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Louisiana student to skip prom after being told she can't wear a tux

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Claudetteia Love, a senior at Carroll High School in Monroe, La., has no plans to attend the prom. 

That's because the school has barred Ms. Love, whom the News-Star of Monroe describes as a top academic scholar at the struggling school's high-achieving medical magnet program, from wearing a tuxedo.

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Love, who is gay, says that the school's requirement that all female students wear dresses to the April 24 senior is a form of discrimination.

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"I told my mom, 'They're using me. They put me in all these honors and advanced placement classes so I can take all of these tests and get good grades and better the school, but when it's time for me to celebrate the fact that I've accomplished what I need to accomplish and I'm about to graduate, they don't want to let me do it, the way I want to,'" she told the News-Star. 

Love, who is still scheduled to attend the annual Ouachita Parish's Scholar's Dinner as her school's representative, is set to attend Jackson State University on a full academic scholarship. She had not intended to take a date to the prom. Instead she had planned on going with a group of friends, who have also opted to skip prom after a petition filed by the senior class to the faculty asking to waive the dress code went unacknowledged.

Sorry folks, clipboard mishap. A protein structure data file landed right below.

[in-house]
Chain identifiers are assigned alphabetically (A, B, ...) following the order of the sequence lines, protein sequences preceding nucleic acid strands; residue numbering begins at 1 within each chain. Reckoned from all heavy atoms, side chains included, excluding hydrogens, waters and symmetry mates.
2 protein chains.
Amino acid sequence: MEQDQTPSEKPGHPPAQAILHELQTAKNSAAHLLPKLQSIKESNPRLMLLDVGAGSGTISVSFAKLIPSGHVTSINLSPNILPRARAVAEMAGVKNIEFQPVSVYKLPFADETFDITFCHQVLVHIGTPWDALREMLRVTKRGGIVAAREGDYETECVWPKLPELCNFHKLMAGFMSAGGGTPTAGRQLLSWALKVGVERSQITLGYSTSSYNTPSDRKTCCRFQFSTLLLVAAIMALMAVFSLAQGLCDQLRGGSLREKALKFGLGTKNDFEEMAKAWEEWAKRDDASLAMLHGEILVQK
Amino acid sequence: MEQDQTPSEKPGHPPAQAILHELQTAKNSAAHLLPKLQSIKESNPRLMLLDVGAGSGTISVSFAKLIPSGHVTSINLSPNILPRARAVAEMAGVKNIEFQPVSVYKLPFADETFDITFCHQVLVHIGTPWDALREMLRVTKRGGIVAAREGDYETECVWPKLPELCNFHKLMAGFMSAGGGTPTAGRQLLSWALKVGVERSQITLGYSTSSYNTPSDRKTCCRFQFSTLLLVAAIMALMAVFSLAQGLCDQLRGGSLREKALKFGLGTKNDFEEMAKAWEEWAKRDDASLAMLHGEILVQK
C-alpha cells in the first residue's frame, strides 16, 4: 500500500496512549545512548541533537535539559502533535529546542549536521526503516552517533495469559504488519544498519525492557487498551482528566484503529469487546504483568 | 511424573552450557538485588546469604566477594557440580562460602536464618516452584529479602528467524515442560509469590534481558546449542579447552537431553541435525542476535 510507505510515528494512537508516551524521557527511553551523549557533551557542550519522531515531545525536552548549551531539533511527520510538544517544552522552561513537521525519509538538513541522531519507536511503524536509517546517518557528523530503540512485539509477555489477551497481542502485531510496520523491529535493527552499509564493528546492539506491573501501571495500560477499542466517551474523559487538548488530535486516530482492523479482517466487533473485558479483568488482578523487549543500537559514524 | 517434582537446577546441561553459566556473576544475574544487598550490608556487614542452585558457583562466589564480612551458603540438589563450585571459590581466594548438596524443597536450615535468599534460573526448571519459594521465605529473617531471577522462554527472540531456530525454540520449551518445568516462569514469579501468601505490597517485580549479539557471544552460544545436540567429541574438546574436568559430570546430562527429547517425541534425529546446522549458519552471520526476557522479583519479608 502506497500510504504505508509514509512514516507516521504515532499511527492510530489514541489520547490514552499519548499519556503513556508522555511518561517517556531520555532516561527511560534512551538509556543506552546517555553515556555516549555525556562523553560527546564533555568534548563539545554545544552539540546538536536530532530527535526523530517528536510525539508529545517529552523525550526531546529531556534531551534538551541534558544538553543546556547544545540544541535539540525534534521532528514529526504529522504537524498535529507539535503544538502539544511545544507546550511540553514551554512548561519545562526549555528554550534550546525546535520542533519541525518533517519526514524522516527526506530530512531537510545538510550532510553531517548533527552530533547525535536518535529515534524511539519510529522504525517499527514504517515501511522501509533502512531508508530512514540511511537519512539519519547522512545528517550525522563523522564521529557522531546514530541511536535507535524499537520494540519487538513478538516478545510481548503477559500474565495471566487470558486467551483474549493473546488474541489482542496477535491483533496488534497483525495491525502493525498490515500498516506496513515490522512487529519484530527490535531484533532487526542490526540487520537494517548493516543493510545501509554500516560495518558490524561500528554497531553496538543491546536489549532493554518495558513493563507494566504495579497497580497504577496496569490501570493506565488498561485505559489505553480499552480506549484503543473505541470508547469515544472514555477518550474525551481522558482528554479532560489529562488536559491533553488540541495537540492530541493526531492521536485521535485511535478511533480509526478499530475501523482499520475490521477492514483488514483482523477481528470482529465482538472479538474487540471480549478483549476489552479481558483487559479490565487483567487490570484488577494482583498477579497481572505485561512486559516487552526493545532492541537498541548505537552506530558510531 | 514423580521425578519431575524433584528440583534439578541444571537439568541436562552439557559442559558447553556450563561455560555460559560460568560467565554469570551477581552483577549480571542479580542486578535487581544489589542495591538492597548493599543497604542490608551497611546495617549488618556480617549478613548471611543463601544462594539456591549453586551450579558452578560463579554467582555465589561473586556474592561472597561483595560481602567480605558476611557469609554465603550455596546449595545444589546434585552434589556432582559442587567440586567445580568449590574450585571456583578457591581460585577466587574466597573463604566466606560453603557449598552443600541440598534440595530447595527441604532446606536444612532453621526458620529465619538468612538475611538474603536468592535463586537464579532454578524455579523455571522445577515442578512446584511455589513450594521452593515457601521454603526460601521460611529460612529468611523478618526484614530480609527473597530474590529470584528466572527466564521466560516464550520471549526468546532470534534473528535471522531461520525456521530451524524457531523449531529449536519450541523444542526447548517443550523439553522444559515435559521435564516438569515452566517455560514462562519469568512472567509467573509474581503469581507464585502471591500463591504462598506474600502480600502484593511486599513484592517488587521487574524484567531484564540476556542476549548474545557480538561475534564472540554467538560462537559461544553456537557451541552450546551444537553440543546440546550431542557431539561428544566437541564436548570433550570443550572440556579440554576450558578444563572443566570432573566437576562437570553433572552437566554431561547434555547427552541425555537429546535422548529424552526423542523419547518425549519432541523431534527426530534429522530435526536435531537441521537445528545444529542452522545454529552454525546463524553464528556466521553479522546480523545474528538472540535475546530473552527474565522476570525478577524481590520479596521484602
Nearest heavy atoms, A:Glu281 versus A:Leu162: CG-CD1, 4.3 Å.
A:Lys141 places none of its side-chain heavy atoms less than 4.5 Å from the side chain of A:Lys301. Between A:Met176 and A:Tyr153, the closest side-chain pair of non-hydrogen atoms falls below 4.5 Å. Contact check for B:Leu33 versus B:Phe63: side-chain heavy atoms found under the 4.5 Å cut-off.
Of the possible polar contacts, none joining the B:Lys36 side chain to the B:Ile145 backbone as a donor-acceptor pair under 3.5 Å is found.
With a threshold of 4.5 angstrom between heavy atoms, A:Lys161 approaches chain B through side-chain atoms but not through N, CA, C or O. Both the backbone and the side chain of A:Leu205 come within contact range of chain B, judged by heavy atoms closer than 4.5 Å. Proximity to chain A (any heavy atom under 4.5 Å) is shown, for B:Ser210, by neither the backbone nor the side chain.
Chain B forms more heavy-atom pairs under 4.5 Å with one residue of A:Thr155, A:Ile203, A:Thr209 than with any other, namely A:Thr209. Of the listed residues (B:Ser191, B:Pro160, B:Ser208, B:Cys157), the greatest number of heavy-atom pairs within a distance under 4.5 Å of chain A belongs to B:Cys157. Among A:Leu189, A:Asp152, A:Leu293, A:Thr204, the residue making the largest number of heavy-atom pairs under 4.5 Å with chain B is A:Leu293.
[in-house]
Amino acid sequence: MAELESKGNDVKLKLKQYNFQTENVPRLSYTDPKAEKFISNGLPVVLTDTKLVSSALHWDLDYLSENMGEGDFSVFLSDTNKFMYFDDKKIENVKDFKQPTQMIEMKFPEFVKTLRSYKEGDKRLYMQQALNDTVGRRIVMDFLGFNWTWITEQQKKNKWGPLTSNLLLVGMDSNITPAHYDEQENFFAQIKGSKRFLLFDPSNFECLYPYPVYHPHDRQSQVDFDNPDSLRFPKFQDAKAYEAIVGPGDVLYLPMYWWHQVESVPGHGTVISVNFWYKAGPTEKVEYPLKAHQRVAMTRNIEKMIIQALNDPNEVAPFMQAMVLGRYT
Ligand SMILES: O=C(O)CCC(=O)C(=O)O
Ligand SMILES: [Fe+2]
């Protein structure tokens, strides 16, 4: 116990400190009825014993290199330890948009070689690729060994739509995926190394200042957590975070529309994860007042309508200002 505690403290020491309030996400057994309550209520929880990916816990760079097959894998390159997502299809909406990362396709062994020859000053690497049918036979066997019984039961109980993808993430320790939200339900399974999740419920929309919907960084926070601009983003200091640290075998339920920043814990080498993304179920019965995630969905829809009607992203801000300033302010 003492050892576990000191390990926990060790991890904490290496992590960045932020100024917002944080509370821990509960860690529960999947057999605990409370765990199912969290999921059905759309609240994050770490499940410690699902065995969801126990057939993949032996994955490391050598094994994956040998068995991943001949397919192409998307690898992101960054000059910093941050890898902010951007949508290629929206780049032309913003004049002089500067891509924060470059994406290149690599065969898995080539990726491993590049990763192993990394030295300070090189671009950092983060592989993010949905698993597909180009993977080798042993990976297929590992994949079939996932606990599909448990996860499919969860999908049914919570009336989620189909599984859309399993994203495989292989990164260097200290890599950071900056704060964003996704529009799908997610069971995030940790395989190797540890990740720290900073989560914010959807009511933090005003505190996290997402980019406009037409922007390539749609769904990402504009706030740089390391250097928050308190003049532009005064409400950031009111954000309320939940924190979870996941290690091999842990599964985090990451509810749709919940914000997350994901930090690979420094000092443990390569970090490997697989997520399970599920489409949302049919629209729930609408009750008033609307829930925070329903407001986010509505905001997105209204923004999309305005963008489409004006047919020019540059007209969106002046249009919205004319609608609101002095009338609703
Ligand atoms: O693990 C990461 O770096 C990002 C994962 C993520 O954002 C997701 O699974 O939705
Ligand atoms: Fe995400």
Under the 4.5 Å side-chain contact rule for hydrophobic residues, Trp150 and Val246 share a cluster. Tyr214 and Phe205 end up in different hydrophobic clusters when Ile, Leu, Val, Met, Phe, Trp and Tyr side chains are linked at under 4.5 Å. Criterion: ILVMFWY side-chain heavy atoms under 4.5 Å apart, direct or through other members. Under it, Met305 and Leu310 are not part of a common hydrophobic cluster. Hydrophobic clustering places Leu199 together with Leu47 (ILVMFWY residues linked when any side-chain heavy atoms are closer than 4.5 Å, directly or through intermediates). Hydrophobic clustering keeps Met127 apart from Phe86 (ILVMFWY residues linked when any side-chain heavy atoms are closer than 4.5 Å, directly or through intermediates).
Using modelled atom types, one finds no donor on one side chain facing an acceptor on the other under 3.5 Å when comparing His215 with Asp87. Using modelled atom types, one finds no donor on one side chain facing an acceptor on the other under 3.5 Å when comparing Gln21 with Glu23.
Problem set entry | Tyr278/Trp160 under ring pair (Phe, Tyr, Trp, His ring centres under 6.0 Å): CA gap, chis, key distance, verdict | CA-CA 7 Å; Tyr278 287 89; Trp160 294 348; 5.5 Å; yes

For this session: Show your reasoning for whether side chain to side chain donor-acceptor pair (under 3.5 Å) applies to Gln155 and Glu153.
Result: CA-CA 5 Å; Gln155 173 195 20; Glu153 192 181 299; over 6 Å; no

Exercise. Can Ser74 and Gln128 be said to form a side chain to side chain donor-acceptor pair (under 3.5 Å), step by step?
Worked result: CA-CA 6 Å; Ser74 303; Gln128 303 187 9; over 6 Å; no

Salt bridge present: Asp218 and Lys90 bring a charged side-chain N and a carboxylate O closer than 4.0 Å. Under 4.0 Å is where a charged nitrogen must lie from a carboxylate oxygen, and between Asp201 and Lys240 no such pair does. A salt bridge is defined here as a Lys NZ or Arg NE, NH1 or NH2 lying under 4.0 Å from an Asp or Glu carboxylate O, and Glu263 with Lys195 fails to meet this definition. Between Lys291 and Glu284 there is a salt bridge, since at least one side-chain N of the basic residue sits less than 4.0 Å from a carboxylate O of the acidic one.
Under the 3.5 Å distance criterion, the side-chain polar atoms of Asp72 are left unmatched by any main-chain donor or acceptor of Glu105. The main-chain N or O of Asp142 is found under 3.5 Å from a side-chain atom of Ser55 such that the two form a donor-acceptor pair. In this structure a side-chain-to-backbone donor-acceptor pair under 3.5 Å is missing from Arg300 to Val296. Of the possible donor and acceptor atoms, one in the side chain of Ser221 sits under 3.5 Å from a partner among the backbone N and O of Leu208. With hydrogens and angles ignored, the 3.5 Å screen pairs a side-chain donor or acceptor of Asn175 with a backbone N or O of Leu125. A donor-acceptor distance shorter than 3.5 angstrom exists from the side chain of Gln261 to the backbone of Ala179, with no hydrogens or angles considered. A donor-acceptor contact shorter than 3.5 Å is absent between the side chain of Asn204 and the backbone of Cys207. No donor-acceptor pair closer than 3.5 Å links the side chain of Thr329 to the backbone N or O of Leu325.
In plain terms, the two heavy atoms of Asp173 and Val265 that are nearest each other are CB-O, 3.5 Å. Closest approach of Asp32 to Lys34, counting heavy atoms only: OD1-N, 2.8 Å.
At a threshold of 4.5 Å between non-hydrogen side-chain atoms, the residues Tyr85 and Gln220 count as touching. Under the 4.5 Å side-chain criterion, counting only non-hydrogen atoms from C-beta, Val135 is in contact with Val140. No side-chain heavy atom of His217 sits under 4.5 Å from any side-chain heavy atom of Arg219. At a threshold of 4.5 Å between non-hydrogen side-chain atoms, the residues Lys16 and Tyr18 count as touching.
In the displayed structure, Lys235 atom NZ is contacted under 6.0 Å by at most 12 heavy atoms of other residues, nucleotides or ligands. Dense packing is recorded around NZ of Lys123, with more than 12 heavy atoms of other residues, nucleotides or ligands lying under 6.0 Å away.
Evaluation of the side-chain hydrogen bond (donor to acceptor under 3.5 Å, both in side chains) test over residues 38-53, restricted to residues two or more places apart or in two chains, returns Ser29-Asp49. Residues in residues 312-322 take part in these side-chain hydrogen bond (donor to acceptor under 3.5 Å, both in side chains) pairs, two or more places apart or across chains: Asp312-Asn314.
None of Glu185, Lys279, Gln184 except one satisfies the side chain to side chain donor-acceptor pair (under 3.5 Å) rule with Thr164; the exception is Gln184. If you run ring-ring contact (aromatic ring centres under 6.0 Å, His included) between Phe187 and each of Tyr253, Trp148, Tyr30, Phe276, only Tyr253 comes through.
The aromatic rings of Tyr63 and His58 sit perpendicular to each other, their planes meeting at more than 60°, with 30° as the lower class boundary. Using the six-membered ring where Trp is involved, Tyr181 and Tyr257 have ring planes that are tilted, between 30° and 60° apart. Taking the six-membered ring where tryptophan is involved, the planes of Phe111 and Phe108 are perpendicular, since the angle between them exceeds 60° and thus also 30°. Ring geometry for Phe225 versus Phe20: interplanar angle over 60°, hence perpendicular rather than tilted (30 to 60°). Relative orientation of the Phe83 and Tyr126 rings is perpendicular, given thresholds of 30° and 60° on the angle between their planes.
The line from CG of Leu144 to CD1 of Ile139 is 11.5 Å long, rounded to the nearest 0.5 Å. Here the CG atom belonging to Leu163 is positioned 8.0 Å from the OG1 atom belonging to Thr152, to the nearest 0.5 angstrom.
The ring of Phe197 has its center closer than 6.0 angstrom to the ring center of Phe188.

Since the ban on females students wearing tuxedos went in place, school board president Rodney McFarland has taken up Love's cause. 

"As school board president, I don't agree with Carroll banning her from her prom just because of what she wants to wear -- that's discrimination," he told the News-Star. "As far as I know there is no Monroe City School Board policy saying what someone has to wear to attend the prom. You can't just go making up policies."

Carroll High is not the only school to make headlines for promoting a gender-exclusive dress code. In 2013, after students at Sultana High School in Hesperia, Calif., elected a lesbian homecoming queen, who appeared at the homecoming game in a suit and tie, school administrators began strictly enforcing gender exclusive dress codes at formal and semi-formal events, prompting a backlash from the ACLU.